My first firing of the new year wasn't a complete disaster. As you may have read from previous posts, I am a part of a clay co-operative at the Mergatroid Building . One of the perks about this studio is that I haven't yet had to buy a kiln. We all share 2 kilns that the land-lord bought for the co-op. So one is a smaller, but very reliable Skutt computer kiln- ie you plug in your firing schedule, and walk away, come back and everything is as it should be when you open it the next day. It fires off evenly and quickly. The other is an old Gare kiln with a pernikity computer that seems to have a mind of it's own. I've only been using this kiln for bisques lately because I didn't want to risk a huge kiln load of work to the kiln gods, so to speak. It is larger- basically fitting in twice as much as the other kiln.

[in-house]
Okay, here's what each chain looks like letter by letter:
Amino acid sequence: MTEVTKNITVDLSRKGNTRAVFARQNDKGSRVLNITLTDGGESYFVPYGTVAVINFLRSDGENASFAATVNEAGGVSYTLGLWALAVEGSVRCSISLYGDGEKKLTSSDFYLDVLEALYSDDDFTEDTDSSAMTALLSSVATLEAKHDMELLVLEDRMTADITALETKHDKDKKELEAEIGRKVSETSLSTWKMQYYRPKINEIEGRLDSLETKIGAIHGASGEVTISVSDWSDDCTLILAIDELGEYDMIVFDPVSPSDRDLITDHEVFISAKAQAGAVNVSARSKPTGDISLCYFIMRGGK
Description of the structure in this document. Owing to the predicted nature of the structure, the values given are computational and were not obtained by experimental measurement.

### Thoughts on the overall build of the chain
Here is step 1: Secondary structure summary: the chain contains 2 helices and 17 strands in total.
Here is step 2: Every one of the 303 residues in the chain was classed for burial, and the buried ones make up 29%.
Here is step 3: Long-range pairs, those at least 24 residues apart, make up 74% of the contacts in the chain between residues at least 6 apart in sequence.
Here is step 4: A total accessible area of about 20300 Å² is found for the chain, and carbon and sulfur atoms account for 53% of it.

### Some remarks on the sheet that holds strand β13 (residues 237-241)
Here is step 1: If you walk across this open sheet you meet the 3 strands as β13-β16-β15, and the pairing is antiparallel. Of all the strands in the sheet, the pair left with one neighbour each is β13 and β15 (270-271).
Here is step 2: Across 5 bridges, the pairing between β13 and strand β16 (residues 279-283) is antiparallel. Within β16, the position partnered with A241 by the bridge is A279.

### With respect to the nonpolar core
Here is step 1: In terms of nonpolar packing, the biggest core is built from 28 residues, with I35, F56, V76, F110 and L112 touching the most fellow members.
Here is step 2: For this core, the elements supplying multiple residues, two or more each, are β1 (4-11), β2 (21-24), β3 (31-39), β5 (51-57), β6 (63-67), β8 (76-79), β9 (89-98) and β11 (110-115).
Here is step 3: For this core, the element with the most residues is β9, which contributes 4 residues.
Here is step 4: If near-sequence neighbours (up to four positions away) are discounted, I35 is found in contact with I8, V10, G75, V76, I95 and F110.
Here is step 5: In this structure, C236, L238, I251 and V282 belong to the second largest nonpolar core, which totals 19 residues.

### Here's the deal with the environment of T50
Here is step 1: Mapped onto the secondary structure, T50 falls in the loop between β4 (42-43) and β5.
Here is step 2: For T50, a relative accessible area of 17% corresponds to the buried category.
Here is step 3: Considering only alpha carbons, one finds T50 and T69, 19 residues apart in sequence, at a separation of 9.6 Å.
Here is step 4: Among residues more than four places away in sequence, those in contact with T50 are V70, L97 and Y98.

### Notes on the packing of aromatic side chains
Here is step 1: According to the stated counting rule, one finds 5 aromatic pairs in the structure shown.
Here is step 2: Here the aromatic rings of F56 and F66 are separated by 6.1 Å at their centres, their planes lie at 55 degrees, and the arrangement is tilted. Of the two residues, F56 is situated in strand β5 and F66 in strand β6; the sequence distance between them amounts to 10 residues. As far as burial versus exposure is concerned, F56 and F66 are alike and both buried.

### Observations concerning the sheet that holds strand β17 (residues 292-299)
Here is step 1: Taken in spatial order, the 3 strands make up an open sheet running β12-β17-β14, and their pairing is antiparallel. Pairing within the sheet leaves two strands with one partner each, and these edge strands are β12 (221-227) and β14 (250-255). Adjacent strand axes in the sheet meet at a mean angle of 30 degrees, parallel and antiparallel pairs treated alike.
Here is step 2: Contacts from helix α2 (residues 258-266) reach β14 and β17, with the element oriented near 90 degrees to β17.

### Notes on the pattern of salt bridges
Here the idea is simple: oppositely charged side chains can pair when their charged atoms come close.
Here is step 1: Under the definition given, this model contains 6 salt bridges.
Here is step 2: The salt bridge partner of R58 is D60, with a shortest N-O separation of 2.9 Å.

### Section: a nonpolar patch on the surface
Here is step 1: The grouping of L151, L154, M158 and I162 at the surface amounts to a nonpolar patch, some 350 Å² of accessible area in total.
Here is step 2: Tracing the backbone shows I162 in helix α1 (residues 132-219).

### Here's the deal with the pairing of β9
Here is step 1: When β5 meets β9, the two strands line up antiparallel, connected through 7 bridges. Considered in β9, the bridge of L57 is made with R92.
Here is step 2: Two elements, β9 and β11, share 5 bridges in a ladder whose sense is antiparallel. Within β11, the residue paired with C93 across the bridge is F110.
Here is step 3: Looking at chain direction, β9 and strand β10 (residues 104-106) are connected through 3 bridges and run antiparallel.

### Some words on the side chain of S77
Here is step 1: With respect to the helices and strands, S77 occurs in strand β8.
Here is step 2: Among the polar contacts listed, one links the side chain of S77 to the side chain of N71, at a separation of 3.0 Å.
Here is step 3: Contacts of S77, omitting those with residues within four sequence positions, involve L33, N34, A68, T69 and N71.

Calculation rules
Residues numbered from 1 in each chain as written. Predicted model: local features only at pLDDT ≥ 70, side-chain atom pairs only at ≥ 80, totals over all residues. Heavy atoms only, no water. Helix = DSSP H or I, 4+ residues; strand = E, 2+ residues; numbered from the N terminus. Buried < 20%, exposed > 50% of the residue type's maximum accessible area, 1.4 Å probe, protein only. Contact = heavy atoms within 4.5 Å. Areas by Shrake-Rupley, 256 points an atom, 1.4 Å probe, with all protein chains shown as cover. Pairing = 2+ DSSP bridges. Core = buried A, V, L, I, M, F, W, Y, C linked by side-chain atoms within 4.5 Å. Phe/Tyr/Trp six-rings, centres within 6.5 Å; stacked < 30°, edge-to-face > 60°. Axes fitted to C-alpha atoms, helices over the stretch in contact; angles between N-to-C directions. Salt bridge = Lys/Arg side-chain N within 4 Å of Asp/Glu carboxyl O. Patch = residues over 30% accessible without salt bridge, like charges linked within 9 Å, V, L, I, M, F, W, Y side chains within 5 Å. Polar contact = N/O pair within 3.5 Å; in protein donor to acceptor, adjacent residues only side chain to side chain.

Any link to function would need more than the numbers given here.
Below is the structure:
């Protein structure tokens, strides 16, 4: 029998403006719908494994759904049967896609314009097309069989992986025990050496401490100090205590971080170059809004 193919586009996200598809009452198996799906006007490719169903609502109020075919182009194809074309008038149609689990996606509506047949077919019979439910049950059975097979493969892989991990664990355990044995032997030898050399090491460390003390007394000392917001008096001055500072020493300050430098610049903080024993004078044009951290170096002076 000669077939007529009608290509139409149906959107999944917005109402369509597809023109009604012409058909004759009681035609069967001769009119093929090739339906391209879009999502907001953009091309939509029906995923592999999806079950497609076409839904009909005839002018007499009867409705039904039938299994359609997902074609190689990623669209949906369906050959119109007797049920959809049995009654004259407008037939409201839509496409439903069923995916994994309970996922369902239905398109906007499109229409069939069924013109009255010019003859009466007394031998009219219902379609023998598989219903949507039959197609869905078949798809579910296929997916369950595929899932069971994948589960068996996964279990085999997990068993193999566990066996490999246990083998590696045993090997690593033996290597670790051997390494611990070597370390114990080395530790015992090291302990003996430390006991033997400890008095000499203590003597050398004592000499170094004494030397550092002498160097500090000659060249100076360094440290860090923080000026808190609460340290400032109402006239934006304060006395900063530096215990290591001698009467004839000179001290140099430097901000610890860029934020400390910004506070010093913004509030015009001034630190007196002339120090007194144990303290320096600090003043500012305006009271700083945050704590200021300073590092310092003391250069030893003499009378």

So, this year, with 3 new people adding to the roster of firings, the small kiln is in much demand. I am determined to figure out this big kiln and thought that January would be a good month to risk it. So, risk it I did. I loaded it full of 3 orders that I had, plus extra work I needed to get out for my own stuff and turned it on. Probably should have come back around 1 am to see what the temp was, but my life is just not made for that kind of committment. It took over a day to cool down and it was fired quite a bit hotter than it should have. Thank goodness my clay and glazes can, for the most part, withstand it. There were definately some droopy, fuzzy poppies among the bunch. A few of my bottle vases didn't make the cut, and 1 large bowl had a teeny, tiny blister on the inside that is quite annoying.
However, I do think I have the kiln slightly figured out. My settings will be much lower than the cone I'm firing to next time, and I am making a mental not as to where I load stuff as the bottom is way cooler than the top.
So lessons learned, not a complete disaster, and thank goodness everything for my orders turned out well!